Similarly, inflation rate based on Consumer Price Index increased to 7.79% in April 2022 as compared to 4.23% rise in April 2021. The latest CPI is highest mark recorded since May 2014.

Latest Finance Ministry data shows that Current account deficit (CAD) increased to USD 23.0 billion (2.7 per cent of GDP) in Q3 of 2021-22 from USD 9.9 billion (1.3 per cent of GDP) in Q2 of 2021-22. As put by Ministry's Monthly Economic Review for April 2022, "Widening of CAD led to depreciation of Nominal exchange rate, yet the Real Effective Exchange Rate continued to appreciate to more than offset any price competitiveness that a depreciation of nominal exchange rate may have imparted to India's exports".

In a report captioned 'Outlook on Current Account Deficit (CAD) and INR' issued a few days back, ICRA says: "we expect the trade deficit to widen to an all-time high of US$ 250-255 billion in FY 2023".

The provisional, official data on merchandise export-import shows increase in annual trade deficit to 2.41 billion for March 2021-April 2022 from $ 102.63 Billion in preceding year. With this, ICRA has projected India's CAD to widen to 2.7% of gross domestic product (GDP) in 2022-23.

The fiscal deficit (FD) for 2022-23 was at 6.4% of GDP in the Budget presented on 1 February 2022. Fiscal scenario has undergone significant change since then. It is likely to alter more if geo-political uncertainty gets more complicated and enhanced. In all probability, FD would be higher than the target at the close of the financial year. It goes without saying that high level of fiscal deficit is inflationary.

Factor in rise in poverty and unemployment during the last two years. There is thus little to celebrate about economic recovery after easing of pandemic and related curbs on economic activities. As put by RBI's Monetary Policy Report released last month, "real gross domestic product (GDP) rose by 8.9 per cent in 2021-22, above its pre-pandemic (2019-20) level by just 1.8 per cent".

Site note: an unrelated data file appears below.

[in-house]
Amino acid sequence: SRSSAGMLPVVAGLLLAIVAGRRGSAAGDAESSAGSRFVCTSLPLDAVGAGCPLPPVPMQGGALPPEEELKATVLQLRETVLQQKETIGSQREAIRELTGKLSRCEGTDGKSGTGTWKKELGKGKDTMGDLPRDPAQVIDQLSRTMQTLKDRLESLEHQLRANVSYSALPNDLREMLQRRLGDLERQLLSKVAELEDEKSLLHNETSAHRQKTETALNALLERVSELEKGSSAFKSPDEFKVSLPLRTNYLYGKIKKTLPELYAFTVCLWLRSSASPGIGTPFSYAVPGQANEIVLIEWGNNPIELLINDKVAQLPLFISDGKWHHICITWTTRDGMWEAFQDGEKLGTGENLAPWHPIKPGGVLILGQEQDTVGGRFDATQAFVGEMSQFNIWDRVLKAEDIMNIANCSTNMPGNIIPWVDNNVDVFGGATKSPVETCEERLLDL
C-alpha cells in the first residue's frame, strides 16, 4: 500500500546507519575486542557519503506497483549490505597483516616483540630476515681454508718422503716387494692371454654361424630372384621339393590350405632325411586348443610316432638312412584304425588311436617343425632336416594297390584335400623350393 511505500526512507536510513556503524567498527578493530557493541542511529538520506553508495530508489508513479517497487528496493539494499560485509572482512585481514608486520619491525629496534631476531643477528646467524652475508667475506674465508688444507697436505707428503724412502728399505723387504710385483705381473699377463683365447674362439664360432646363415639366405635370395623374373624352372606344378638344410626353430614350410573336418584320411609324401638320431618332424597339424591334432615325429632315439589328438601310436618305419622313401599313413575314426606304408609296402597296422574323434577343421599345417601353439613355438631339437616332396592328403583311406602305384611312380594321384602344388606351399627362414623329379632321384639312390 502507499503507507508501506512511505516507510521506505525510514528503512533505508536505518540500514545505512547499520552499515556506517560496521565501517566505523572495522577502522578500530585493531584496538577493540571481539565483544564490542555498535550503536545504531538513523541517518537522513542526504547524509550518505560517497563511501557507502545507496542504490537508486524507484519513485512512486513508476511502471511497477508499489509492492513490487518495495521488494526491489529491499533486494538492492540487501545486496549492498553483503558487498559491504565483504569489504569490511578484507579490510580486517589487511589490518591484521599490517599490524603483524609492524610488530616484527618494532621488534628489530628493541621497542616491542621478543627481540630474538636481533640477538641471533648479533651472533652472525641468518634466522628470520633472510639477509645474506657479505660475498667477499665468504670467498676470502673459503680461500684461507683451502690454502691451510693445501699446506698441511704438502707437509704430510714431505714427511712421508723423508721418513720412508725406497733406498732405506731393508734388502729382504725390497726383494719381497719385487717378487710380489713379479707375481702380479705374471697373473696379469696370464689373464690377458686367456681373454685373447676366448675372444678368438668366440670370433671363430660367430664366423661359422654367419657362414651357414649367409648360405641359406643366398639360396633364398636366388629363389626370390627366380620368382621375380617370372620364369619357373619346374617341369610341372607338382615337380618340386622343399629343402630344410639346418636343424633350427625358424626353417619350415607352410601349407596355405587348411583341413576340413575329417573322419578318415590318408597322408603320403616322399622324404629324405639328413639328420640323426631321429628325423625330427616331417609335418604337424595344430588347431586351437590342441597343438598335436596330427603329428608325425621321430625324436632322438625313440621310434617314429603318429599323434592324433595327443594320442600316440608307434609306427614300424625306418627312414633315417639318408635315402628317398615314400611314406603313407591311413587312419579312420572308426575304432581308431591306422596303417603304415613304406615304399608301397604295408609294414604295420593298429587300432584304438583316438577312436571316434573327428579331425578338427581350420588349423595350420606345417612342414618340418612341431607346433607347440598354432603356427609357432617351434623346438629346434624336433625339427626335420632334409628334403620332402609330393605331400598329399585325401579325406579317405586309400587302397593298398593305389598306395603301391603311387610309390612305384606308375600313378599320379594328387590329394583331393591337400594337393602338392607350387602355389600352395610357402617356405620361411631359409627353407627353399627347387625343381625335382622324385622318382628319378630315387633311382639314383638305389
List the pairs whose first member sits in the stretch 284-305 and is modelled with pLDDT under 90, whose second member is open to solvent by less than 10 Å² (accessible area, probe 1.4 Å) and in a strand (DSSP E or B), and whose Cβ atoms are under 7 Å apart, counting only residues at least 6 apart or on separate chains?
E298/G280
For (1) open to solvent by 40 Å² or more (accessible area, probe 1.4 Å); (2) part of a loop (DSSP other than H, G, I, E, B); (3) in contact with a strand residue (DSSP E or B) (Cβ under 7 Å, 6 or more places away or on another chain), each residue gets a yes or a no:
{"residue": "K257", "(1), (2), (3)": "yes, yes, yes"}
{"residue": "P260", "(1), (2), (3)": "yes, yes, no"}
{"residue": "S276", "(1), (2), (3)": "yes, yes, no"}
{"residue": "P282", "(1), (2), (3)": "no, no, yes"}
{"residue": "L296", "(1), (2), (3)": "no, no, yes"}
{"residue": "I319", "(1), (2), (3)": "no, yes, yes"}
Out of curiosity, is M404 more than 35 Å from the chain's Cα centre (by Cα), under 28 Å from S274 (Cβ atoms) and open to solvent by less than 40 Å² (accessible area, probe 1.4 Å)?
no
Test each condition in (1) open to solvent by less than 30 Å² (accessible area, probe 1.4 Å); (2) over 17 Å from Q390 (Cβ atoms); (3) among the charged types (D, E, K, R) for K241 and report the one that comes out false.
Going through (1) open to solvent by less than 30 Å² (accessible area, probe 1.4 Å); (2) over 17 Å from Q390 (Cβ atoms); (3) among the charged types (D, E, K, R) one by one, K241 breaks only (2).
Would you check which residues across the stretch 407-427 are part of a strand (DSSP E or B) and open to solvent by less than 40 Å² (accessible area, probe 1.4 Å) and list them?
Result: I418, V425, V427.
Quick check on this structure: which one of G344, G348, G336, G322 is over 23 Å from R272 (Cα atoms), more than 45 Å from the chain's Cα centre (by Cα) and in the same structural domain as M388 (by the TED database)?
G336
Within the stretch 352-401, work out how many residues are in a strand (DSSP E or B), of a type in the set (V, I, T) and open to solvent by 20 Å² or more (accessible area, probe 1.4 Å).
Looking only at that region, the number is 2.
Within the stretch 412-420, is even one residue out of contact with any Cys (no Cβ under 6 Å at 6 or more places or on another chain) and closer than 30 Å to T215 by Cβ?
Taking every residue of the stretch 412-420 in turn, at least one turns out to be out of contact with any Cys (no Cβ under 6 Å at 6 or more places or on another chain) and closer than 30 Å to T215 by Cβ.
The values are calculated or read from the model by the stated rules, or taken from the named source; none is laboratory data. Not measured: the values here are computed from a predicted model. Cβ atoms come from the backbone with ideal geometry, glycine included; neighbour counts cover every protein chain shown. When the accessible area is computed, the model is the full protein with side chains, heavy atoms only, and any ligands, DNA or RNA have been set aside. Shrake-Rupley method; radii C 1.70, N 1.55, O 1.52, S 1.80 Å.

Rupee, which touched an all-time low at 77.80 to a US$, has been projected by certain experts to decline further to 78-80 per one US$ in the coming months.

All this data shows that there is no room for complacency. The State Governments should take a cue from Centre's tax changes and accordingly whittle down their respective value-added tax (VAT) on petrol and diesel.

We urge Prime Minister Narendra Modi to turn battle against inflation into a national mission. For this, PM should consider convening a conference of Chief Ministers to formulate a combined strategy against inflation. The conference should also discuss all supply-side constraints, whose removal can moderate prices of commodities and services. It should also agree to speed up approvals for exploration and production of crude oil, natural gas, coal and coal-bed methane.

Several fossil fuel projects have been delayed for long. This has contributed to increased dependence on energy imports. These turn into import of inflation when global energy prices shoot up and rupee gets into depreciation mode.

Team India also needs to take a political call on centre-state competition to dole out freebies. These increase consumptive expenditure instead of capital expenditure through the Central and State budgets, apart from increasing fiscal deficit.